A sub-genre of Spellcraft is Wardcraft. Wardcraft is the ability to imprint a spell onto inanimate objects. When something is Warded, it is given magical properties. Thus, a spell summoning fire can be imprinted onto a sword, letting the user Command fire for as long as the imprint stays. Wardcraft is a long and tedious process. The imprint is impermanent (the skill of the Warder and the nature of the Spell decide how long an imprint lasts), and all Wards wear off eventually. learning magic
A Ward can be reapplied, but the process is long, usually taking anywhere from a few minutes to a few hours to complete a single 'charge'. Thus, it is no surprise that expert Warders are a valued resource in most communities, for they can protect houses and material possessions, as well as make objects more efficient-- as well as more expensive.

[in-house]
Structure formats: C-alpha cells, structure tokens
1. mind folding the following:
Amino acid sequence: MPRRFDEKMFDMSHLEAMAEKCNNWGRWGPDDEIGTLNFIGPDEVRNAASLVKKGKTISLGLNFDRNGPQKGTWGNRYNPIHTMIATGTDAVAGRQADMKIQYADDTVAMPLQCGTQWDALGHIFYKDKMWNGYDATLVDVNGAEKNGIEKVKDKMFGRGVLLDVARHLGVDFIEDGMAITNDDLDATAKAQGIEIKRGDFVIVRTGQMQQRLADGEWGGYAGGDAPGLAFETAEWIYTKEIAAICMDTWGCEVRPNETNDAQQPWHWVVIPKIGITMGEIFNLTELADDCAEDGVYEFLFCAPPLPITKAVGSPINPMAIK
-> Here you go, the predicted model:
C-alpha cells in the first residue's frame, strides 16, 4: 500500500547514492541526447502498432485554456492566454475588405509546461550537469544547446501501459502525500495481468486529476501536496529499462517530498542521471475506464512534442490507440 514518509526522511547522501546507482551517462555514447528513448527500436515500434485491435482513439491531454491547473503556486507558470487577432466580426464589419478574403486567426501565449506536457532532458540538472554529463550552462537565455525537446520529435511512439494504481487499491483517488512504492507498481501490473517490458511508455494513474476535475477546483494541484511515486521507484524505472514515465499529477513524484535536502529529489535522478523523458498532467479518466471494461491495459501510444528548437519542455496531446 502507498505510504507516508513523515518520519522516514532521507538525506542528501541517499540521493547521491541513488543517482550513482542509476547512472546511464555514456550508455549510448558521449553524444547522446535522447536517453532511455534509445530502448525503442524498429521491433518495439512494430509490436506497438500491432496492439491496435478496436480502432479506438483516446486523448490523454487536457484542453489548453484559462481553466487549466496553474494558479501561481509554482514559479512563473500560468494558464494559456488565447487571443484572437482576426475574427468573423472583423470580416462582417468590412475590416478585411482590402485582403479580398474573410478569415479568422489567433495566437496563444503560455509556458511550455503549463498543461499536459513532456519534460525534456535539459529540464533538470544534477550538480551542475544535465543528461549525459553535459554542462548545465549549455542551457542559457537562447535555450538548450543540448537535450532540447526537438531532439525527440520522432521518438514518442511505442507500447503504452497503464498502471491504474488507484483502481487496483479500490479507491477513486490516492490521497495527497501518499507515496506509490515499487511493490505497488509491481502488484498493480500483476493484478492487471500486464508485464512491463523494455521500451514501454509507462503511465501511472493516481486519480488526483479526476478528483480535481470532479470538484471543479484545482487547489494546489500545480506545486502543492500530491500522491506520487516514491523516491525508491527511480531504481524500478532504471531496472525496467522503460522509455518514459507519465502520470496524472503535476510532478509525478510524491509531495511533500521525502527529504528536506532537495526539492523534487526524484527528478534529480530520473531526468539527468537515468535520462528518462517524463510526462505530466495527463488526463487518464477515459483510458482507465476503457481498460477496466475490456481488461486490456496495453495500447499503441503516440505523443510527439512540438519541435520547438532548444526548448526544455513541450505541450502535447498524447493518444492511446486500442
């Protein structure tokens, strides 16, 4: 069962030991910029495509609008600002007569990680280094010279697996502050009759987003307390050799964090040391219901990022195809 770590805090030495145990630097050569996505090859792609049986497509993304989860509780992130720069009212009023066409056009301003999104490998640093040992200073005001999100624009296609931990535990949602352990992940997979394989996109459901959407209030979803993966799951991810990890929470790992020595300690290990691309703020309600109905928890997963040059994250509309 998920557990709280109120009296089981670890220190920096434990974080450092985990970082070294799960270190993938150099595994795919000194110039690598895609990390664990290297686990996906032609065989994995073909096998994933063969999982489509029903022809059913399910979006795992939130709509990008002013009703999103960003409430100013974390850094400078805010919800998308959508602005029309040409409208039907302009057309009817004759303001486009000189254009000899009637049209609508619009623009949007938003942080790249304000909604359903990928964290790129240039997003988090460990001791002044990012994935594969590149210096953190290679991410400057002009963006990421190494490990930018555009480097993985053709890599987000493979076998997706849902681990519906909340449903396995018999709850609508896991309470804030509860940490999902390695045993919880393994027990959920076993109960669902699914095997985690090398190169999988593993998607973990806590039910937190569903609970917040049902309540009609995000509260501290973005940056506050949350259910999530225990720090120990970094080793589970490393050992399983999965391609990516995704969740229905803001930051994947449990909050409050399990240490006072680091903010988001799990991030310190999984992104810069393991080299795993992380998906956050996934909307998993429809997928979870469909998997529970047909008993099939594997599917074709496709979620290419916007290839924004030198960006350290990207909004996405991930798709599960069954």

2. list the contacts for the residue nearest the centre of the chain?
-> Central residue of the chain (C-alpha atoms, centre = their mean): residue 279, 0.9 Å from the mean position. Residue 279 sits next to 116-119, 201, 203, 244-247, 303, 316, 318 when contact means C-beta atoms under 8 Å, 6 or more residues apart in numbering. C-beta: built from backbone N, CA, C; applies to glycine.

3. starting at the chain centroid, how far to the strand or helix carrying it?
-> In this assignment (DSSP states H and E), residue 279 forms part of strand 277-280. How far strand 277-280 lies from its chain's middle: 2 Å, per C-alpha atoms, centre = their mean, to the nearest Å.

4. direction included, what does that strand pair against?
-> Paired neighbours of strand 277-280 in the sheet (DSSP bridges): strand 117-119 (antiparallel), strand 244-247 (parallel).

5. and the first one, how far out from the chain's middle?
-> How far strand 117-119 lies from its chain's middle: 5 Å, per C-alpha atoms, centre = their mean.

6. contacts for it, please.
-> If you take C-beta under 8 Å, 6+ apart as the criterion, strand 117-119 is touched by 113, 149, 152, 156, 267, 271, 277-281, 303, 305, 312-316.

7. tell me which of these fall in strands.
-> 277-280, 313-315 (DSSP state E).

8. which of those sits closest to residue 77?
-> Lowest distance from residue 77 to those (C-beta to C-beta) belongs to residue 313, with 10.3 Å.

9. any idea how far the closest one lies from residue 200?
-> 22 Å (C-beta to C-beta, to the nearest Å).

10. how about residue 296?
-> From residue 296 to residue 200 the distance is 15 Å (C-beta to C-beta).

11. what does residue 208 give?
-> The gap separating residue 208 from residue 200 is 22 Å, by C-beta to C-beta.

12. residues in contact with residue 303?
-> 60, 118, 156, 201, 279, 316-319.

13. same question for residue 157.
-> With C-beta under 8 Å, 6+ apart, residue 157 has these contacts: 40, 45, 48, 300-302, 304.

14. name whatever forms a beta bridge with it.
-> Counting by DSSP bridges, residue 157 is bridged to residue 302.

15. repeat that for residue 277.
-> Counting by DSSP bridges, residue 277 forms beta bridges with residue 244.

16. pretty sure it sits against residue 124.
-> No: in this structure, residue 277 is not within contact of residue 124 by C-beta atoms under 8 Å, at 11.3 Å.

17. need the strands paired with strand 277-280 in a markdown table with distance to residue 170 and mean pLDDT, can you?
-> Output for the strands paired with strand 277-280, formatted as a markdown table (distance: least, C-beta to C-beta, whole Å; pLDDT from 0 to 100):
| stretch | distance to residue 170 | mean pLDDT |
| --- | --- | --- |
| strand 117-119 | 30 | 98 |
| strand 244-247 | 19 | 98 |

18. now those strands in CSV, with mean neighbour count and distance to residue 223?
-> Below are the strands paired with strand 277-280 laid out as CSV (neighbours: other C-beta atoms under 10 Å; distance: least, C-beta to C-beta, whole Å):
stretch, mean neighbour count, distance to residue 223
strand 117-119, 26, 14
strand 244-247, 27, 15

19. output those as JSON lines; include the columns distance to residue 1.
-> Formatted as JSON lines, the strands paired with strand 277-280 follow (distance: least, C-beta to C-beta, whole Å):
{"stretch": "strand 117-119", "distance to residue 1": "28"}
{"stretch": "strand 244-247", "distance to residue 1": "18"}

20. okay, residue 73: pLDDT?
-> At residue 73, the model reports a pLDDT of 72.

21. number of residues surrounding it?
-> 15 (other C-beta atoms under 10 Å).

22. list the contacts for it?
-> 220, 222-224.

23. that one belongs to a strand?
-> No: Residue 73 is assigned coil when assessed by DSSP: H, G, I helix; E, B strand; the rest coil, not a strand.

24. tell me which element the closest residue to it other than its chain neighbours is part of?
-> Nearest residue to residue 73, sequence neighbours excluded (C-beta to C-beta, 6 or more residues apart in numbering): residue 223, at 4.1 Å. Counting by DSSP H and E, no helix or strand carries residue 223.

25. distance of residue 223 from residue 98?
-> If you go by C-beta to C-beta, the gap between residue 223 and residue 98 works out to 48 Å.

One thing to note for Warders is that some things, especially people, cannot be Warded. Another thing to note is that things may need multiple Wards to be fully effective. Using the example of the fire-sword presented above, a Warder must remember to negate the effects of heat upon the sword's wielder, lest the weapon be too hot to touch-- or worse-- burn the user. For that to happen, an effective Counter-Ward must be placed on the hilt to protect the user from heat. The same can be said for most Warding activities.
As stated before, magic, though inherent, needs guidance and nurturing to really manifest. Magic simply cannot happen without some sort of teaching involved. the mages guild
Which is where the Academy comes in.